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People Jerky… The Fire Mummies of the Philippines

When I normally think of the process of mummification, I picture the old Egyptian-style pulling the brain out through the nose technique – which is probably historically inaccurate, but I think I heard it as a kid and it stuck with me – and not about bodies salted and smoked for months, until every drop of moisture had left their body and they were perfectly preserved.

From the title of this post, you may surmise that the ancient Ibaloi people of the Philippines smoked their corpses for consumption – you would be wrong. It was just the first thought that popped into my head when I thought of a smoked mummy. I recently ate some bomb beef jerky (BKH omg)…is that weird? Anyway, when I normally think of the process of mummification, I picture the old Egyptian-style pulling the brain out through the nose technique – which is probably historically inaccurate, but I think I heard it as a kid and it stuck with me – and not about bodies salted and smoked for months, until every drop of moisture had left their body and they were perfectly preserved. This is how the Ibaloi mummies of the Timbac Caves above Kabayan, Philippines were preserved from approximately 2000 BCE to 1500 CE, when the Spanish colonizers muscled in and made the practice taboo. Unlike most mummification, the Ibaloi style of corpse preservation began, if possible, before death. The dying person drank a solution of very salty water in order to make the preservation process easier. Once they dies, they were washed and placed in a chair that sat over a fire. In addition to the fire smoke, tobacco smoke was also blown into the body to help preserve them from the inside out. Herbs were rubbed on the body, and the smoking process went on for months, until their body became a leathery husk. It was then put into hollowed pine trunks and placed in the sacred caves of Mount Timbac. Check out some awesome photos of the Fire Mummies of the Philippines below…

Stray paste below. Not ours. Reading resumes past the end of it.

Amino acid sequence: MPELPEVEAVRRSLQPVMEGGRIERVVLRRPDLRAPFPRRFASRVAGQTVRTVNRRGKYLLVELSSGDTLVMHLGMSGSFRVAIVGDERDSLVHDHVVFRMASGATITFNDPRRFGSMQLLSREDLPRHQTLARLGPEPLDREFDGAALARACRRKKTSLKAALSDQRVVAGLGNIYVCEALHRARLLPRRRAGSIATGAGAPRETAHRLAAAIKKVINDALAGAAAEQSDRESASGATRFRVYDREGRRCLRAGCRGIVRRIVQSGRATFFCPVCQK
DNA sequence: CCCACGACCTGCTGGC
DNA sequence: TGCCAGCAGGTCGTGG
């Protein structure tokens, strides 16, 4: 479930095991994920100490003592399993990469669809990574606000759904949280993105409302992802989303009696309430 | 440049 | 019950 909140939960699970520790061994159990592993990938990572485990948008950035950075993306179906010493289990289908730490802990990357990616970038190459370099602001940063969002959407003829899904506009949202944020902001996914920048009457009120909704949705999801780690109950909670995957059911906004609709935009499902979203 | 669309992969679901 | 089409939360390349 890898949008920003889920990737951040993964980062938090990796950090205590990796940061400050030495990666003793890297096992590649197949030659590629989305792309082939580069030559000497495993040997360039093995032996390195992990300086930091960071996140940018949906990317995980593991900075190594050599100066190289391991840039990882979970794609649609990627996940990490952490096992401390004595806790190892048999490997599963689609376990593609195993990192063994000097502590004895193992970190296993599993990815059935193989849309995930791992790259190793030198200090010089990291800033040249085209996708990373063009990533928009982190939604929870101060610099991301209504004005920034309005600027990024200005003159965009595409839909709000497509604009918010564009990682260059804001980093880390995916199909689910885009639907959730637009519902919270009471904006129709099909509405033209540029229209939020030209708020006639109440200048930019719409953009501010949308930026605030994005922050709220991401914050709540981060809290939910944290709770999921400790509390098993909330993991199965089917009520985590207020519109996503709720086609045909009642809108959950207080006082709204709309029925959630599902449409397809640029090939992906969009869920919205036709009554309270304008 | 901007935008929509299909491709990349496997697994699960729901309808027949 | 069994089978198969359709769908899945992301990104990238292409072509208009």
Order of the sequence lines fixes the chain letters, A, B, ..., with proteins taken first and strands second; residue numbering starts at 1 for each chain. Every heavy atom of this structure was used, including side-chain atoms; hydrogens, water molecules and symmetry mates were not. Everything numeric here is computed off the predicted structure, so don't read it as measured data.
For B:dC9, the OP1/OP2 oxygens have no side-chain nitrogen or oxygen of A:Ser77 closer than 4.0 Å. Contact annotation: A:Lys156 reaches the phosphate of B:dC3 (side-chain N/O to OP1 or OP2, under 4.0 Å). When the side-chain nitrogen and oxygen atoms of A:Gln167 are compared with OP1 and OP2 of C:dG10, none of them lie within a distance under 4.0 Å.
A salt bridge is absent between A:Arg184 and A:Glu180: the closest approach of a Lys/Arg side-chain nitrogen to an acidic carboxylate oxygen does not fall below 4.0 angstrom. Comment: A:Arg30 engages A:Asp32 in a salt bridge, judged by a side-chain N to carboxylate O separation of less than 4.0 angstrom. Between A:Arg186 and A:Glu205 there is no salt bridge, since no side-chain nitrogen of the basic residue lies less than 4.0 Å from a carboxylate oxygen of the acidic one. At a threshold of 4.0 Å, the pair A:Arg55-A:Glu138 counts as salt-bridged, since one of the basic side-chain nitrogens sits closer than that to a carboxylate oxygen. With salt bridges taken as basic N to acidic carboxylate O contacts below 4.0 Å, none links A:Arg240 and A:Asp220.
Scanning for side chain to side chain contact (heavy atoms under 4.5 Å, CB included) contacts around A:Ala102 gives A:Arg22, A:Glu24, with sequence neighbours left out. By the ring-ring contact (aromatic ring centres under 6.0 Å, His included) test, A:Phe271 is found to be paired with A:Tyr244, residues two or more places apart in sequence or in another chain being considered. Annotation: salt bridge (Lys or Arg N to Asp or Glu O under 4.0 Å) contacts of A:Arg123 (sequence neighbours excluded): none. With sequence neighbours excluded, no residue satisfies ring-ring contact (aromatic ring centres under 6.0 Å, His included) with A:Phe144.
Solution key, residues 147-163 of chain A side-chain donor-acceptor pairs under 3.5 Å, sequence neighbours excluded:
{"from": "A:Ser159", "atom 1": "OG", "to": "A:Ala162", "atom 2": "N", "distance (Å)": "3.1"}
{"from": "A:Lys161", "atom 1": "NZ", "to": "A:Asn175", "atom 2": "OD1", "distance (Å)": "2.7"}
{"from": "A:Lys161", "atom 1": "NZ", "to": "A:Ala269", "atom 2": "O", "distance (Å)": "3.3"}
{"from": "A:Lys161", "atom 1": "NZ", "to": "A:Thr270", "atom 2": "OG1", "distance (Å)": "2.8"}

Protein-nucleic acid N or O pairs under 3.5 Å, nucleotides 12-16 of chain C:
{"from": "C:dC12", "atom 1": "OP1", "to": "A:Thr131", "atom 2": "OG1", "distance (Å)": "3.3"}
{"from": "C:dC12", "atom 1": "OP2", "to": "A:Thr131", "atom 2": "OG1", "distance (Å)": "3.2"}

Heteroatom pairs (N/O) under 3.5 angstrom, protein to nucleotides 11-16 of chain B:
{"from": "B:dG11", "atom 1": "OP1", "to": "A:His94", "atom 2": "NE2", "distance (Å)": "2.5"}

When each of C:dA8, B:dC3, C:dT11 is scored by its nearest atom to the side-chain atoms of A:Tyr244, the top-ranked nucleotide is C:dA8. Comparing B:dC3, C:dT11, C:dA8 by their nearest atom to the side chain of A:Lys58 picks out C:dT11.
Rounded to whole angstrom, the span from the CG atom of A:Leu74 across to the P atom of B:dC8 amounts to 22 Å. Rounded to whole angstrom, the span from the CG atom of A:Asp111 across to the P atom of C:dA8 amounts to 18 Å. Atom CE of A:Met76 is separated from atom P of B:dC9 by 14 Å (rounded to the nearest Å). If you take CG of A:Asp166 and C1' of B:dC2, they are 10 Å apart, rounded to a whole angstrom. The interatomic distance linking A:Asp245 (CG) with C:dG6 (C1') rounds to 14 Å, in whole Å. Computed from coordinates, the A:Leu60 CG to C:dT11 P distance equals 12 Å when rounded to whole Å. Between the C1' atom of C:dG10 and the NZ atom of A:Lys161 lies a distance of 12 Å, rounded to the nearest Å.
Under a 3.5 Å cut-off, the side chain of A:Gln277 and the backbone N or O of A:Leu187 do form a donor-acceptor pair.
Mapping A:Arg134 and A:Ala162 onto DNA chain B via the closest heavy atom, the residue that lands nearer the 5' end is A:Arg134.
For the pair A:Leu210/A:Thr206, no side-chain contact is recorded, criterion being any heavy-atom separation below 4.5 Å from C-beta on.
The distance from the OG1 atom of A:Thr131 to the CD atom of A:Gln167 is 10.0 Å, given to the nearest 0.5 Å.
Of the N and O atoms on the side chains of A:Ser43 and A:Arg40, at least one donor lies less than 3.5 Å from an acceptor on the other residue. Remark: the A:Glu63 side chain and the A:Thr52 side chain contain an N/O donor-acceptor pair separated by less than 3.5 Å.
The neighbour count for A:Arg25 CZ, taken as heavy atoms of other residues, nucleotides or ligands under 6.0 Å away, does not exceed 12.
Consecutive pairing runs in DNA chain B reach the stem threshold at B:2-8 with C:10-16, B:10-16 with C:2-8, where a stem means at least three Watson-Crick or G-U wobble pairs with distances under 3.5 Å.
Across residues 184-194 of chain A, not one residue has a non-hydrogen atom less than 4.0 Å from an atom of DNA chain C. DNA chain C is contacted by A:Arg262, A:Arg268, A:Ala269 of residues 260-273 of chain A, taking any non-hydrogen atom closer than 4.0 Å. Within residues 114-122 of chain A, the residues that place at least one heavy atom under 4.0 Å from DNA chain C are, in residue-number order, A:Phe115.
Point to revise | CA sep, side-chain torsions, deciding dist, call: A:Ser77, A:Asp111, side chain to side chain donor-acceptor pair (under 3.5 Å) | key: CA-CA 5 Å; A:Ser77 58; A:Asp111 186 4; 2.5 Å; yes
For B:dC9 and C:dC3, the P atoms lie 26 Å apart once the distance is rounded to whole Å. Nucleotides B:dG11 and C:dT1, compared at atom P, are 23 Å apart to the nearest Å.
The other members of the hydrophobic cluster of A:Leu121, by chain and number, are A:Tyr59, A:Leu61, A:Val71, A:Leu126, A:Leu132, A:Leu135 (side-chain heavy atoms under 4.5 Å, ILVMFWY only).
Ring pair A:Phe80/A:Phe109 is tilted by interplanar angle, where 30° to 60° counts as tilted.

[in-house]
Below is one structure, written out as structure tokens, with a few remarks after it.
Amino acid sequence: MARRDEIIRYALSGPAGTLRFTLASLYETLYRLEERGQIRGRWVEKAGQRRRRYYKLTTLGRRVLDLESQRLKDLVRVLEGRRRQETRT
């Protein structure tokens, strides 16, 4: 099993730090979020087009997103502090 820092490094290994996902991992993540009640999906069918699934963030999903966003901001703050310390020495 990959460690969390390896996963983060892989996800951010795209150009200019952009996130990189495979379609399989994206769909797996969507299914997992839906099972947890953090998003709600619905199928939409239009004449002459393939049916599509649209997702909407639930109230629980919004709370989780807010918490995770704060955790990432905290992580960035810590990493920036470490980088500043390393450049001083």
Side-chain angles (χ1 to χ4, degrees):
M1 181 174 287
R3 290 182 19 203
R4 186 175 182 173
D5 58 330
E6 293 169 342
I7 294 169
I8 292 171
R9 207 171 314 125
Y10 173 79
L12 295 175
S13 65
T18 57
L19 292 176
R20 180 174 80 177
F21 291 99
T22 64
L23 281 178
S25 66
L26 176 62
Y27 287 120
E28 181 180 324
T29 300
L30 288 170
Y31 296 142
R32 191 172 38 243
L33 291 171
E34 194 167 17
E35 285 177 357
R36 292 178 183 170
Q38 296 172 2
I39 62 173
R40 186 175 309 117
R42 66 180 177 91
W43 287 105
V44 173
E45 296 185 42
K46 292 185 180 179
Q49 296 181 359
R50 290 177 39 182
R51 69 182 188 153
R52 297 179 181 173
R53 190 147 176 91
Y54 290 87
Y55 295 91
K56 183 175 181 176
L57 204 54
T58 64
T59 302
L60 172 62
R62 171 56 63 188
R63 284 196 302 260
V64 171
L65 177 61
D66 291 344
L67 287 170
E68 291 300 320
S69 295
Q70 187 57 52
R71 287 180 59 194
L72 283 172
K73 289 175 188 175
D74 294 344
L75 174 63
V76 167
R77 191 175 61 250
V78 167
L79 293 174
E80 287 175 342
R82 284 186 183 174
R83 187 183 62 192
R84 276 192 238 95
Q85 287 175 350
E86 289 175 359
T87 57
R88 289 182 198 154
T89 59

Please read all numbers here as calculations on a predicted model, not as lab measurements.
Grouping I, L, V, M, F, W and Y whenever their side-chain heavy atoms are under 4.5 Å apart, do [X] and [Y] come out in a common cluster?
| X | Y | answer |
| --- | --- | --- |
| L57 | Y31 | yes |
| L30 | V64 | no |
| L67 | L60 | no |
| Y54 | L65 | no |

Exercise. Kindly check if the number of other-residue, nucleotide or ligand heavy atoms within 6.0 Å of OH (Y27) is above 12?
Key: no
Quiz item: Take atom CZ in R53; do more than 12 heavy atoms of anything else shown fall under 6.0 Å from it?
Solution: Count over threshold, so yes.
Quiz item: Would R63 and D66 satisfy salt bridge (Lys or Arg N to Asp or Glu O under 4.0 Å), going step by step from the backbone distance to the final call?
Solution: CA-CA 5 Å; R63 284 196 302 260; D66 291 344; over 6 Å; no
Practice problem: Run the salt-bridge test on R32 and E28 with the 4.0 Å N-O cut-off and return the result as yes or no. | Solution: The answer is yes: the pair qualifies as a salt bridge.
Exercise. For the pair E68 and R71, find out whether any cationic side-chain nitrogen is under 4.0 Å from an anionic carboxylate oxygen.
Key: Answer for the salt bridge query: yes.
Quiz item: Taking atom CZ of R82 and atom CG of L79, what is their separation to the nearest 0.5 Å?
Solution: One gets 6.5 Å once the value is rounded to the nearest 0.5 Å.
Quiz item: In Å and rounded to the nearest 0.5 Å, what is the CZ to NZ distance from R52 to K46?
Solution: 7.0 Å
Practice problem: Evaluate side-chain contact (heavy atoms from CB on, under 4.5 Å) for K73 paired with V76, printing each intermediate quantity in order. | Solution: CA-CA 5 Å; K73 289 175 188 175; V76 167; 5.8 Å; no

Photos: Edgar Alan Zeta-Yep, except where noted

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Photo: Tadolo

cave-mummies-mount-timbac-kabayan

Photo: Tadolo

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Meghan MacRae grew up in Vancouver, Canada, but spent many years living in the remote woods. Living in the shadow of grizzly bears, cougars and the other predators of the wilderness taught her about the dark side of nature, and taught her to accept her place in nature's order as their prey. She is co-founder of CVLT Nation.

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